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Miyot

Ocracoke 24

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Received my plans today from Graham and Carla for the Ocracoke 24. I have poured over them for several hours and can't wait to get started. I called him, not being able to find the planking page. It was rolled up inside the full size Mylar plans. Sorry Graham. Everything looks pretty straight forward, but I'm sure i'll have questions in the months to follow. It is a nice set of plans with a lot of info on where to get materials, including what he carries. Willing and helpful on the phone for a guy so busy and I appreciate that.

I looked at several other boats by other designers for the Carolina type boat I was after. I kept coming back to the Ocracoke. When I found he had plans available for a 24 footer I didn't hesitate. I would have purchased a Jig kit for the 24 if it was available. I believe he has them for the 20 footer. She is the right size to trailer, and economy and performance are at the top of my list. I saw his boat Marissa running in a you tube clip and liked that boat a lot.

I have a lot of work to do to the boat barn, getting it ready for this build while I order materials and build the jig. I'm also redoing our basement. I'll do all 3 at once until and can concentrate on the boat itself. The barn should be warm enough this winter for epoxy work, I'll make it so. I'll start a building thread and do photos when I get started like the one being done now on the Ocracoke 20. Which will be a big help to me in the following months as well. I think the builder is NZ (thanks NZ) she looks great.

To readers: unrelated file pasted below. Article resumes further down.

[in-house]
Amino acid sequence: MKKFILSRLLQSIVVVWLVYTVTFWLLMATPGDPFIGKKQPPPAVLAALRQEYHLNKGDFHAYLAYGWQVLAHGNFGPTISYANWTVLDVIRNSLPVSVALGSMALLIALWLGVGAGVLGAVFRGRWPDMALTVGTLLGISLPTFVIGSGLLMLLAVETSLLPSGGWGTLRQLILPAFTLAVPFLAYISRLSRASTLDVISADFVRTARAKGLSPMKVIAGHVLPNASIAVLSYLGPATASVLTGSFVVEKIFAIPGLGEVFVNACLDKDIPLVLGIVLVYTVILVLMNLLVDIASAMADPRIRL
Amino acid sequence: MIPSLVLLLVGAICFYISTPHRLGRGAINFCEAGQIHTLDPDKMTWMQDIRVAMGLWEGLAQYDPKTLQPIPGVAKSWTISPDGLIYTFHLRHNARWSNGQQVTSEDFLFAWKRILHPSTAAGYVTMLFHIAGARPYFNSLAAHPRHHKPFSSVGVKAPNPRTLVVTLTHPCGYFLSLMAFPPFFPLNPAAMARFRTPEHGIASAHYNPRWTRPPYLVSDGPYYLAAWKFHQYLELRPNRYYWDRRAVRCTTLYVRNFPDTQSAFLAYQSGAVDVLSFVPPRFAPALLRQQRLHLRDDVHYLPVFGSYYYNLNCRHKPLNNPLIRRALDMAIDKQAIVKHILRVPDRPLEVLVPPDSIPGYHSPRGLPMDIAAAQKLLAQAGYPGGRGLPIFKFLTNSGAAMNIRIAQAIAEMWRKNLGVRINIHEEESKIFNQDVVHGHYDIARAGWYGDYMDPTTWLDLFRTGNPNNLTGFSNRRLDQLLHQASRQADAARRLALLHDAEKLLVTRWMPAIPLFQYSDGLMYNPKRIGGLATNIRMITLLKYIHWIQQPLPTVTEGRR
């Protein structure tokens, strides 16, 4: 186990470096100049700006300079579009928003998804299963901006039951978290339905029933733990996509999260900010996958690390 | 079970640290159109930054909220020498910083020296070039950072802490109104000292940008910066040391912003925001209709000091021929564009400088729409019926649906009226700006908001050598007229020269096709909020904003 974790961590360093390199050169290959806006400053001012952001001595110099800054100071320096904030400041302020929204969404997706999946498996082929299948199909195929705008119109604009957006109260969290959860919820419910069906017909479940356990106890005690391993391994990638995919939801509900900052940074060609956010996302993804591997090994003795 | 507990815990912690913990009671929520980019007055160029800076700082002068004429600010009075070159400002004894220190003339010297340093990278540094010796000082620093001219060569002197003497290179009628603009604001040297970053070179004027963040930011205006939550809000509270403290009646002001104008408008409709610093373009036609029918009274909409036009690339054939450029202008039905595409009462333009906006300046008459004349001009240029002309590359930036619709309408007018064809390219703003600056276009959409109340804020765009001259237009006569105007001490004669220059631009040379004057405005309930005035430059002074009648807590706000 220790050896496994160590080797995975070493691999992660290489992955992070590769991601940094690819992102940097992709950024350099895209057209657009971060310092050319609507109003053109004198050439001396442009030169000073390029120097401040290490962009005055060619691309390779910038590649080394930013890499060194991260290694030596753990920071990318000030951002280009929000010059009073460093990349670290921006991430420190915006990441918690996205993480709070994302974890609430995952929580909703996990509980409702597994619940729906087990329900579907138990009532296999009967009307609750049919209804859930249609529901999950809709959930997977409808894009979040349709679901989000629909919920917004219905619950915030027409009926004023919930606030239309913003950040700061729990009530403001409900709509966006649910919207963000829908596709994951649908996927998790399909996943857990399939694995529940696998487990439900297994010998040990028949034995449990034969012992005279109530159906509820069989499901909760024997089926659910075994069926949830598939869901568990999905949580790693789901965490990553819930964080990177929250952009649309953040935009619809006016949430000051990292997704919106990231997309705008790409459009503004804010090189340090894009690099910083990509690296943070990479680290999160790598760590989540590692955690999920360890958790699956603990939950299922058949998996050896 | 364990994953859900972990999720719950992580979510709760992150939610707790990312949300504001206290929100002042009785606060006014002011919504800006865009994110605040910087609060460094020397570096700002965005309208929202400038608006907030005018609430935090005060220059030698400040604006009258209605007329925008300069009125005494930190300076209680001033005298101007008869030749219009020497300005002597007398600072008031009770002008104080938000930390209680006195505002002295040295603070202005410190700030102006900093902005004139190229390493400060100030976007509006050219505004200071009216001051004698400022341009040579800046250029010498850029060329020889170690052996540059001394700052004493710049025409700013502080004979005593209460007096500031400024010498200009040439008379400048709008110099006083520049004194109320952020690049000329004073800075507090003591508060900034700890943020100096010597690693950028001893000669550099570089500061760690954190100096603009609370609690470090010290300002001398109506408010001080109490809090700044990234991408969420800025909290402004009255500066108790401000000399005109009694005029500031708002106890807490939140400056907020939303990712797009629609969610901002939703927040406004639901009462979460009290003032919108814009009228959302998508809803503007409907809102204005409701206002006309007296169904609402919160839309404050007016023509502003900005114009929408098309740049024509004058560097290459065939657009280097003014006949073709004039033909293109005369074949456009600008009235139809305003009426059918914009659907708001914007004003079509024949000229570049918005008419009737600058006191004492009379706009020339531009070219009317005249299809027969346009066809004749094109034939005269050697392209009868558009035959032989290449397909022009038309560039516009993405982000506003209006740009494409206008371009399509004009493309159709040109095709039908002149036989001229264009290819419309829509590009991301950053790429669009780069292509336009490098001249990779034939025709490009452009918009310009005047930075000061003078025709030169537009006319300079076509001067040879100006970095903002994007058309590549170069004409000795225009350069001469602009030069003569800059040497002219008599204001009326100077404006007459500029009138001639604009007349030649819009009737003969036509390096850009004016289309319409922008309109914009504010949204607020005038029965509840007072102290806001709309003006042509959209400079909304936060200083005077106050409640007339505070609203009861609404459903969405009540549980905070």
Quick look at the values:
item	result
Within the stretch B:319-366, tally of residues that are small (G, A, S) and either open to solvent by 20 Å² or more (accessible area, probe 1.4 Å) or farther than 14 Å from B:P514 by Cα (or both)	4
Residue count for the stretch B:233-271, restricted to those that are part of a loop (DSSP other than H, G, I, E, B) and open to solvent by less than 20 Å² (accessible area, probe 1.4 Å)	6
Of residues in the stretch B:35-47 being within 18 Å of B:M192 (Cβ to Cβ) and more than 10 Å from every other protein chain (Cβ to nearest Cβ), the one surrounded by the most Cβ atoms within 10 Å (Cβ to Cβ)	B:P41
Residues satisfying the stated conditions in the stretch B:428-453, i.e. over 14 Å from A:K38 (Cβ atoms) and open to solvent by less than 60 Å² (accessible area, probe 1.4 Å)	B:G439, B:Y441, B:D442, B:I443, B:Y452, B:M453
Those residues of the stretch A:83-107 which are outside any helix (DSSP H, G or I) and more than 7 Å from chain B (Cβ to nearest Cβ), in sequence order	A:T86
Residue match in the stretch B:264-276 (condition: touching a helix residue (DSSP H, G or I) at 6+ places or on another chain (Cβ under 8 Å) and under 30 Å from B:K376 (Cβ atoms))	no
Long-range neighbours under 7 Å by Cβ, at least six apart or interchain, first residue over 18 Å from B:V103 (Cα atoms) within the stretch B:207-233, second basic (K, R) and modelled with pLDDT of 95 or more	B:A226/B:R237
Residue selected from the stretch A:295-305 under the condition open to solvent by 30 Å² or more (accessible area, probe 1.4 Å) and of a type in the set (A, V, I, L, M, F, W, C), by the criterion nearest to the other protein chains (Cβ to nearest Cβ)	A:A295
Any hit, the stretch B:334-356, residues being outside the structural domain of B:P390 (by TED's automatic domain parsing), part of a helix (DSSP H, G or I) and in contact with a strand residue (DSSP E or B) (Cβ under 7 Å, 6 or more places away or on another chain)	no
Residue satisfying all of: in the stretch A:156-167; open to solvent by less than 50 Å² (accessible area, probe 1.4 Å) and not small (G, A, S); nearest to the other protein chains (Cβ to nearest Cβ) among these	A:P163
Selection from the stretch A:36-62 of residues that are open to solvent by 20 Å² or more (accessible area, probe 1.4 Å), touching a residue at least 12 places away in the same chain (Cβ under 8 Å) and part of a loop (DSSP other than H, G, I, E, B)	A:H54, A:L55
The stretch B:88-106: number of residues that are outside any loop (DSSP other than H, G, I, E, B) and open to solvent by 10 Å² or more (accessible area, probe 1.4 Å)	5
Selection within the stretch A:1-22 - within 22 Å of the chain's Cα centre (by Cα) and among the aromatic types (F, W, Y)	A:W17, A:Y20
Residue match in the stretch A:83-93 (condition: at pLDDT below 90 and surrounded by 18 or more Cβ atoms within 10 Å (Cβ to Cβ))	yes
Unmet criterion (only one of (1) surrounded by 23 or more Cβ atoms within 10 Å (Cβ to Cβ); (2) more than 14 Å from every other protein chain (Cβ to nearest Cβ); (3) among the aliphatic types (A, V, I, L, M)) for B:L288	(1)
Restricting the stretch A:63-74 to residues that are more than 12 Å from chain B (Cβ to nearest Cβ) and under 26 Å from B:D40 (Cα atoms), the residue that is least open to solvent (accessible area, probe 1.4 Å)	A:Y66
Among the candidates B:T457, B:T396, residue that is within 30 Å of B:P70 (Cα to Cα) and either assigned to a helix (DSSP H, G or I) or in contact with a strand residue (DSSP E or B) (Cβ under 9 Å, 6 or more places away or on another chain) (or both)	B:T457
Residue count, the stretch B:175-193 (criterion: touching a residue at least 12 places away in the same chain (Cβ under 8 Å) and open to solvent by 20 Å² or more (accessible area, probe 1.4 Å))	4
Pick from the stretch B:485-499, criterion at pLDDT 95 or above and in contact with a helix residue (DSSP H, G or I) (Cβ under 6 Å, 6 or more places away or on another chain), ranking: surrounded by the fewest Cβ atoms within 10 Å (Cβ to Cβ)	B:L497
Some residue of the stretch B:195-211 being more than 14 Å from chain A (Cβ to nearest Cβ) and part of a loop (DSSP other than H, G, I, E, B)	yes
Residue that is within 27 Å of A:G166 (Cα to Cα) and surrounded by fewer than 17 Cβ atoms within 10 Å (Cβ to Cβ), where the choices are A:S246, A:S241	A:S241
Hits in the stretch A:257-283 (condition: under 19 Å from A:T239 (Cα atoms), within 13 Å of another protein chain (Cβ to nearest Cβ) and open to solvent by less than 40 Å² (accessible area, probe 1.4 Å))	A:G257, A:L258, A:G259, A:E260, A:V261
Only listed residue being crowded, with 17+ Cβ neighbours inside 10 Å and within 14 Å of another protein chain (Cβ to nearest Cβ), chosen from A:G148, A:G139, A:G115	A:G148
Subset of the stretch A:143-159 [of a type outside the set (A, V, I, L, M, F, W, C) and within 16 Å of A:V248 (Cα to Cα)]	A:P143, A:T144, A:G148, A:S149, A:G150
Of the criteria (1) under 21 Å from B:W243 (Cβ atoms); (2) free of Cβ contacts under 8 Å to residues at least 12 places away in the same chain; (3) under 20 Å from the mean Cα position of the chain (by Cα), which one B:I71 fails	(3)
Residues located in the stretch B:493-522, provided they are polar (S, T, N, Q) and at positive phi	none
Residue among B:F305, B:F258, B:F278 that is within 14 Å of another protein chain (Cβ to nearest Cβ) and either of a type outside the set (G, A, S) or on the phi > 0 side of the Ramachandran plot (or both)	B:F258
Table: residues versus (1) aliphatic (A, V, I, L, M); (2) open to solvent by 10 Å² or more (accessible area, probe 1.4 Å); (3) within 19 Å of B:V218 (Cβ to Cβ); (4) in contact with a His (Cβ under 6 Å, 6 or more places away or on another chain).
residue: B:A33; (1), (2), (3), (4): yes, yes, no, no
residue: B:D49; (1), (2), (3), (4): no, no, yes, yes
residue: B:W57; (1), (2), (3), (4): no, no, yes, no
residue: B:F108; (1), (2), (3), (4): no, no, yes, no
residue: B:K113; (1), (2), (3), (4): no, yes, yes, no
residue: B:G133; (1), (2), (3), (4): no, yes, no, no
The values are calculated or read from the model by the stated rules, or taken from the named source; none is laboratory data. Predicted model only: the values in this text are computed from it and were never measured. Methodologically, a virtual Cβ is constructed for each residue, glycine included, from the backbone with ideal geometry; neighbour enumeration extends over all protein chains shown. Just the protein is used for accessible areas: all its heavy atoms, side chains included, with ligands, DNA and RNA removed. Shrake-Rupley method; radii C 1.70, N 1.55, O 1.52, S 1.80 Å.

Dave

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Getting started. Put the drop ceiling in the barn over the weekend. 3 days of it.This is where I'll build the boat. I will put a door on the front,do some framing and finish with some plastic and a tarp, and insulate the whole works. I'll have 12' X 27' inside. Posted Image I ordered 43 sheets of 4 X 8 Okoume and 300 ft. of Douglas Fir today. I think I'm close on the plywood as I will put a cuddy and a hardtop on her. I'll bet I'm short on the Fir, but now I can get started. Now back to the basement for a while to keep the wife happy.

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Now back to the basement for a while to keep the wife happy.

This seems to be a recurring motif on this forum. In fact I have seen this same phrase so many times I wonder if B&B really stands for Boats&Basements :) PeterP

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Looking forward to seeing her underway Miyot. Graham has done a fantastic job of designing a great boat. Have you thought about going "express" for the cabin style? Doesnt give alot of headroom is the only problem, but with a 24 ft boat there will be more hight in the bow (maybe). The only reason I ask is that it is in keeping with that caroliner look, and alot easier to construct than a raised cabin. The 20 needed a cuddy for headroom but was a total headache to construct. Could of have gone horribly wrong in the looks department too. There were plenty of nights I had a sabre saw in my hands ready to take the whole lot off and go back to a centre consol.

Good luck with her mate, Im sure you will do a brilliant job.